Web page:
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  1. Abstract Due to limited intrinsic healing capacity of the meniscus, meniscal injuries pose a significant clinical challenge. The most common method for treatment of damaged meniscal tissues, meniscectomy, leads to improper loading within the knee joint, which can increase the risk of osteoarthritis. Thus, there is a clinical need for the development of constructs for meniscal repair that better replicate meniscal tissue organization to improve load distributions and function over time. Advanced three-dimensional bioprinting technologies such as suspension bath bioprinting provide some key advantages, such as the ability to support the fabrication of complex structures using non-viscous bioinks. In this work, the suspension bath printing process is utilized to print anisotropic constructs with a unique bioink that contains embedded hydrogel fibers that align via shear stresses during printing. Constructs with and without fibers are printed and then cultured for up to 56 d in vitro in a custom clamping system. Printed constructs with fibers demonstrate increased cell and collagen alignment, as well as enhanced tensile moduli when compared to constructs printed without fibers. This work advances the use of biofabrication to develop anisotropic constructs that can be utilized for the repair of meniscal tissue. 
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    Free, publicly-accessible full text available April 12, 2024
  2. Meniscal tears are associated with a high risk of osteoarthritis but currently have no disease-modifying therapies. Using a Gli1 reporter line, we found that Gli1 + cells contribute to the development of meniscus horns from 2 weeks of age. In adult mice, Gli1 + cells resided at the superficial layer of meniscus and expressed known mesenchymal progenitor markers. In culture, meniscal Gli1 + cells possessed high progenitor activities under the control of Hh signal. Meniscus injury at the anterior horn induced a quick expansion of Gli1-lineage cells. Normally, meniscal tissue healed slowly, leading to cartilage degeneration. Ablation of Gli1 + cells further hindered this repair process. Strikingly, intra-articular injection of Gli1 + meniscal cells or an Hh agonist right after injury accelerated the bridging of the interrupted ends and attenuated signs of osteoarthritis. Taken together, our work identified a novel progenitor population in meniscus and proposes a new treatment for repairing injured meniscus and preventing osteoarthritis.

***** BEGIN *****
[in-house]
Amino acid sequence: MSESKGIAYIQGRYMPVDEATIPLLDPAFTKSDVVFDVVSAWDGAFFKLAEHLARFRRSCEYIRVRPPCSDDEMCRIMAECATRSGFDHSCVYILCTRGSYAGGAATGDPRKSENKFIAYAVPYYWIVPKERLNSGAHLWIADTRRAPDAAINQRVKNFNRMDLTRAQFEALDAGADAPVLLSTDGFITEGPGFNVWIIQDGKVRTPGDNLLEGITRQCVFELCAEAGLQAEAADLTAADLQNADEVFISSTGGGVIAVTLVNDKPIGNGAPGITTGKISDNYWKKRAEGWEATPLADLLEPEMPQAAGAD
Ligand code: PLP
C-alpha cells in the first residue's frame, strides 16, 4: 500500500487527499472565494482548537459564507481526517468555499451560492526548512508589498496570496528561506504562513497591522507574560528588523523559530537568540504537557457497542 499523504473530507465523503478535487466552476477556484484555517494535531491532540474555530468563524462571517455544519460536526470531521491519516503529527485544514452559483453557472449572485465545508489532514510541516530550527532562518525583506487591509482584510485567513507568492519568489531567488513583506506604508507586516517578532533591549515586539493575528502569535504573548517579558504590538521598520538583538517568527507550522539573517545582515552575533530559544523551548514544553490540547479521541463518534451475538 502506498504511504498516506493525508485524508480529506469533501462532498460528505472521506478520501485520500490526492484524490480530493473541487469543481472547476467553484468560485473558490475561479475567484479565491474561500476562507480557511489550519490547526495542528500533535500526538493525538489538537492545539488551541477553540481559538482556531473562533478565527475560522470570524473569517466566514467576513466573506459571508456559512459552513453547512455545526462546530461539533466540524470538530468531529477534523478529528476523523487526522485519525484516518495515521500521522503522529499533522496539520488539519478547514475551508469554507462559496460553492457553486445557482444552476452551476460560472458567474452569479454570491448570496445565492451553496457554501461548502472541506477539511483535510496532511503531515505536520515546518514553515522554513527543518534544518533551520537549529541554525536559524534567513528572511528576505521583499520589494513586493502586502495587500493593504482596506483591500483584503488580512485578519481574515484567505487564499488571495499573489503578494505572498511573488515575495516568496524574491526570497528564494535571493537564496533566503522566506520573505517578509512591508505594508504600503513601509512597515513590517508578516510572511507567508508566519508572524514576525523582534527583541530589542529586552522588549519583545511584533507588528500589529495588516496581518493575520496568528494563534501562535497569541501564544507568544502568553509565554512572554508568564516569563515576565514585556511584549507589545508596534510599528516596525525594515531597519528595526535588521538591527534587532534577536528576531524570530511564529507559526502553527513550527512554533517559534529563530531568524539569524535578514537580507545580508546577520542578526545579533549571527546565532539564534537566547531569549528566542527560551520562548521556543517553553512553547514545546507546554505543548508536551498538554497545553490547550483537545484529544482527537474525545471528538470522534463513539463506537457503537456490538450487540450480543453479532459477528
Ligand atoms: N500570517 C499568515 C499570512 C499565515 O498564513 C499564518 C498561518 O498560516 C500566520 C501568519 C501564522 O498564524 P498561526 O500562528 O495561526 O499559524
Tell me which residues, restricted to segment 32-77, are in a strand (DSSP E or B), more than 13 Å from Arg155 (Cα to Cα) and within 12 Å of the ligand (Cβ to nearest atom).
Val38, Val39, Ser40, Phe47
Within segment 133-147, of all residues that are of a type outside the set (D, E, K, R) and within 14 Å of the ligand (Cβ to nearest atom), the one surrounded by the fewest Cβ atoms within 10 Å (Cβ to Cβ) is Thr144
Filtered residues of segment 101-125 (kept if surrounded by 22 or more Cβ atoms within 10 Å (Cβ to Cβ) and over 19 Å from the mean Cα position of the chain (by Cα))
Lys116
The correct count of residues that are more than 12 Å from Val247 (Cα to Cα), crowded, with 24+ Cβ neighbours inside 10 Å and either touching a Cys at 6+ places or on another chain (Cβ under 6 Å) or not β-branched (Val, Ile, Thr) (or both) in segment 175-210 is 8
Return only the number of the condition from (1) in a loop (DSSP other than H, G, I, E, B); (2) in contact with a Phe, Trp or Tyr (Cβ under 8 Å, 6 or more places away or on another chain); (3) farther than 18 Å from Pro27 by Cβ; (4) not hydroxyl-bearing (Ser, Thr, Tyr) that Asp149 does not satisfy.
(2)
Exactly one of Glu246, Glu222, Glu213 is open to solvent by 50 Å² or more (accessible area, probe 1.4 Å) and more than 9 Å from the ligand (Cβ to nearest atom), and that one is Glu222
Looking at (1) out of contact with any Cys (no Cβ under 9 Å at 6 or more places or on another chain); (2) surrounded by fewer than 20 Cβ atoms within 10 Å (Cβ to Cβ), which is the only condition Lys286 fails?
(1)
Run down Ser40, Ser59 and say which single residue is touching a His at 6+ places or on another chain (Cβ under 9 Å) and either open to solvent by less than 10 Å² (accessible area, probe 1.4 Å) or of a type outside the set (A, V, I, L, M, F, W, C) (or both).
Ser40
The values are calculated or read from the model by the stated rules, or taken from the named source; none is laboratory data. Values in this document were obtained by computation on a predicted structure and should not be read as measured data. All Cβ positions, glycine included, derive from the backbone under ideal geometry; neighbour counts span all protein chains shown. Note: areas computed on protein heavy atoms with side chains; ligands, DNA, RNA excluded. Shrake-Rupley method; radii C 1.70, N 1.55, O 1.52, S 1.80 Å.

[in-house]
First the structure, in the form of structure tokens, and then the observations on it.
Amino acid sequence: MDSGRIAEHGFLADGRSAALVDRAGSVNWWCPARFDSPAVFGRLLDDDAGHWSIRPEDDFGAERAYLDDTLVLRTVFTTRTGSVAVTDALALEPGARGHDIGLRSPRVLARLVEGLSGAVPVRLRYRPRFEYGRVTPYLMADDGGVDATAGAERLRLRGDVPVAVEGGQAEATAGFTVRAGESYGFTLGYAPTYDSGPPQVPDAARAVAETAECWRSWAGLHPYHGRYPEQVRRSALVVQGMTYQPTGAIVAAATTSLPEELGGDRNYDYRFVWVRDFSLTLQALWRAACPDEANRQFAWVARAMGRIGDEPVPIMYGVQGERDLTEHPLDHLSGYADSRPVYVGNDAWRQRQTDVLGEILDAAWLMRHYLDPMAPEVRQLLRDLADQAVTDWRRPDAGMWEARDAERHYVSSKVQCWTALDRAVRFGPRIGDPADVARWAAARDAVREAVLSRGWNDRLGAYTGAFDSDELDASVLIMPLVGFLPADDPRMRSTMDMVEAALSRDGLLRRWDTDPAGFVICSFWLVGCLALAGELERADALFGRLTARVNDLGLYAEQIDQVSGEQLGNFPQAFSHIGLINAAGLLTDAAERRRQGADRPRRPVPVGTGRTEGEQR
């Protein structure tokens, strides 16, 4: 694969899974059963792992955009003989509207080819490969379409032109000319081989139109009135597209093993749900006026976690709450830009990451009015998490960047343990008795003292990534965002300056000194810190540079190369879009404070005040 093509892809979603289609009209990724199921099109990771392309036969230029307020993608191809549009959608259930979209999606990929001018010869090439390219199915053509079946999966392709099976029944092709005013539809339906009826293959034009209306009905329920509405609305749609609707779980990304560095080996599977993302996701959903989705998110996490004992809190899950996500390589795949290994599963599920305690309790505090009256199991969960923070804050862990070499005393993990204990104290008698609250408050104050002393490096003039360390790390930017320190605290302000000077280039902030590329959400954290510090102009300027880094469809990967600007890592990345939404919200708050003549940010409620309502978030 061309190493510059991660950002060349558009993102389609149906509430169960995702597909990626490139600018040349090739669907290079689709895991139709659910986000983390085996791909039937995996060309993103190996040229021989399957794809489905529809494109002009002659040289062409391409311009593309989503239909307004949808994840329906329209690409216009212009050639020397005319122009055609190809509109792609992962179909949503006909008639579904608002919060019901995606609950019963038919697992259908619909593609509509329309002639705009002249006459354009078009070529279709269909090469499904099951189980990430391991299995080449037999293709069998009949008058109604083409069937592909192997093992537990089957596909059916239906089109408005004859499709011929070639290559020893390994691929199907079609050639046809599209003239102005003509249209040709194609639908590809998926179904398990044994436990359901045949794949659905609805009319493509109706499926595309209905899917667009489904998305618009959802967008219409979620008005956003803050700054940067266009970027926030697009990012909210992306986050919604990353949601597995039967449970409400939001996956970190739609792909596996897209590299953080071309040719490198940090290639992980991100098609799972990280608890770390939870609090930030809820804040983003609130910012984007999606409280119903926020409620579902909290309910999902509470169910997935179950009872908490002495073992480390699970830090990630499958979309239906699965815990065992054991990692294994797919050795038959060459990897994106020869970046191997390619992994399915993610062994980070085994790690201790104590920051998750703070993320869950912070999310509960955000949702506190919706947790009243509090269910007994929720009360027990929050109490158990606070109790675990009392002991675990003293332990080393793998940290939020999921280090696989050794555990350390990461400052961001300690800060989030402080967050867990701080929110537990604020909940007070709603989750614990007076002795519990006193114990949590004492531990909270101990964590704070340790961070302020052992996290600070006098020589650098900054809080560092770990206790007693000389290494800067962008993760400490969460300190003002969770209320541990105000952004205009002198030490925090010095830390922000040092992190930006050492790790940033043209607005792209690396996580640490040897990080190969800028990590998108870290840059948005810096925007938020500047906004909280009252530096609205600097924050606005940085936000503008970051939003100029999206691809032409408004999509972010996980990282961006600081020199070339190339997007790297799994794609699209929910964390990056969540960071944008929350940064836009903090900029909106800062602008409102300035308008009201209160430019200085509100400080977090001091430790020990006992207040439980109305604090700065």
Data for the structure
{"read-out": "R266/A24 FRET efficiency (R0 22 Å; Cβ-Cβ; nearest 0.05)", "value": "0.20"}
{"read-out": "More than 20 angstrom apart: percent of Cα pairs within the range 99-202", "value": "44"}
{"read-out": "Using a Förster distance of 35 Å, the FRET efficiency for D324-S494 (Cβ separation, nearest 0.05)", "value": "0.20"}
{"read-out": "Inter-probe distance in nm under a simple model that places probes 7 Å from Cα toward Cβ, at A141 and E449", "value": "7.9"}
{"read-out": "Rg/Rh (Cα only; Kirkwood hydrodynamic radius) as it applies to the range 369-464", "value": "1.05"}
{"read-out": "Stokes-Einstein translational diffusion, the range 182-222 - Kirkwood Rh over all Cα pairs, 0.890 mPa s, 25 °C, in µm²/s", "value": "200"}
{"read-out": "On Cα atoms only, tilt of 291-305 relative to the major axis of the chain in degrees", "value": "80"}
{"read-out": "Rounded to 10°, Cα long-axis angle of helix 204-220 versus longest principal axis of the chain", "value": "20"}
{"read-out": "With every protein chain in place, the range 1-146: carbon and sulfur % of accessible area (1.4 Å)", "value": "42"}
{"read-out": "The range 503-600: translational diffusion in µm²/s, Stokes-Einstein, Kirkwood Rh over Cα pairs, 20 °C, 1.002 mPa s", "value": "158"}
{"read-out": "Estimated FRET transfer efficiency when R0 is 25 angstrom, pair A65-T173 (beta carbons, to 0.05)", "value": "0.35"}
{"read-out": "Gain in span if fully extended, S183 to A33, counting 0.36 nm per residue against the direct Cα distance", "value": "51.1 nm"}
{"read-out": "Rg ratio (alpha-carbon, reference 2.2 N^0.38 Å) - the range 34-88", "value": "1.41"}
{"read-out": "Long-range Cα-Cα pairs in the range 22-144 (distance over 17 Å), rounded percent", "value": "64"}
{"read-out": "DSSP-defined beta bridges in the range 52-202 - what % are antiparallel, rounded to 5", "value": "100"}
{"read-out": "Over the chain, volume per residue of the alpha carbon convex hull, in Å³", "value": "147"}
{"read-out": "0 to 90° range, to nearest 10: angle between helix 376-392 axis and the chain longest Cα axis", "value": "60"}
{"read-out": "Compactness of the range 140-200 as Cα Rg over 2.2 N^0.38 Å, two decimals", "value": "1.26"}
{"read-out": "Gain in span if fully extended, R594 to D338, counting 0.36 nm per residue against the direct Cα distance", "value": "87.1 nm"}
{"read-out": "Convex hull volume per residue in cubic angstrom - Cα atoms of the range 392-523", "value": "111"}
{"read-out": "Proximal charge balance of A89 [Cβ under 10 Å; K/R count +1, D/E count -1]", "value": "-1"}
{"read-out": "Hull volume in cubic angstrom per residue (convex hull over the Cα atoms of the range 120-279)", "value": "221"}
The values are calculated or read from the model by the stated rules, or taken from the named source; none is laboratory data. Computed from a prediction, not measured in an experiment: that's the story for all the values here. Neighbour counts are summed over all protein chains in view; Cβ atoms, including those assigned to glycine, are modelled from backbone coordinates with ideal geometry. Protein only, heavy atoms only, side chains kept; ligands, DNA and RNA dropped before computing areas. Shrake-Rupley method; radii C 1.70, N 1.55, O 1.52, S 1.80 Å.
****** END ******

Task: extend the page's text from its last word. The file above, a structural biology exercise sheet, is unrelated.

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  4. Abstract

    Cells respond to physical cues in their microenvironment. These cues result in changes in cell behavior, some of which are transient, and others of which are permanent. Understanding and leveraging permanent alteration of cell behavior induced by mechanical cues, or “mechanical memories,” is an important aim in cell and tissue engineering. Herein, this paper reviews the existing literature outlining how cells may store memories of biophysical cues with a specific focus on the nucleus, the storehouse of information in eukaryotic cells. In particular, this review details mechanically driven adaptations in nuclear structure and genome organization and outlines potential mechanisms by which mechanical memories may be encoded within the structure and organization of the nucleus and chromatin.

     
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  5. Abstract

    Fibrous scaffolds fabricated via electrospinning are being explored to repair injuries within dense connective tissues. However, there is still much to be understood regarding the appropriate scaffold properties that best support tissue repair. In this study, the influence of the stiffness of electrospun fibers on cell invasion into fibrous scaffolds is investigated. Specifically, soft and stiff electrospun fibrous networks are fabricated from crosslinked methacrylated hyaluronic acid (MeHA), where the stiffness is altered via the extent of MeHA crosslinking. Meniscal fibrochondrocyte (MFC) adhesion and migration into fibrous networks are investigated, where the softer MeHA fibrous networks are easily deformed and densified through cellular tractions and the stiffer MeHA fibrous networks support ≈50% greater MFC invasion over weeks when placed adjacent to meniscal tissue. When the scaffolds are sandwiched between meniscal tissues and implanted subcutaneously, the stiffer MeHA fibrous networks again support enhanced cellular invasion and greater collagen deposition after 4 weeks when compared to the softer MeHA fibrous networks. These results indicate that the mechanics and deformability of fibrous networks likely alter cellular interactions and invasion, providing an important design parameter toward the engineering of scaffolds for tissue repair.

     
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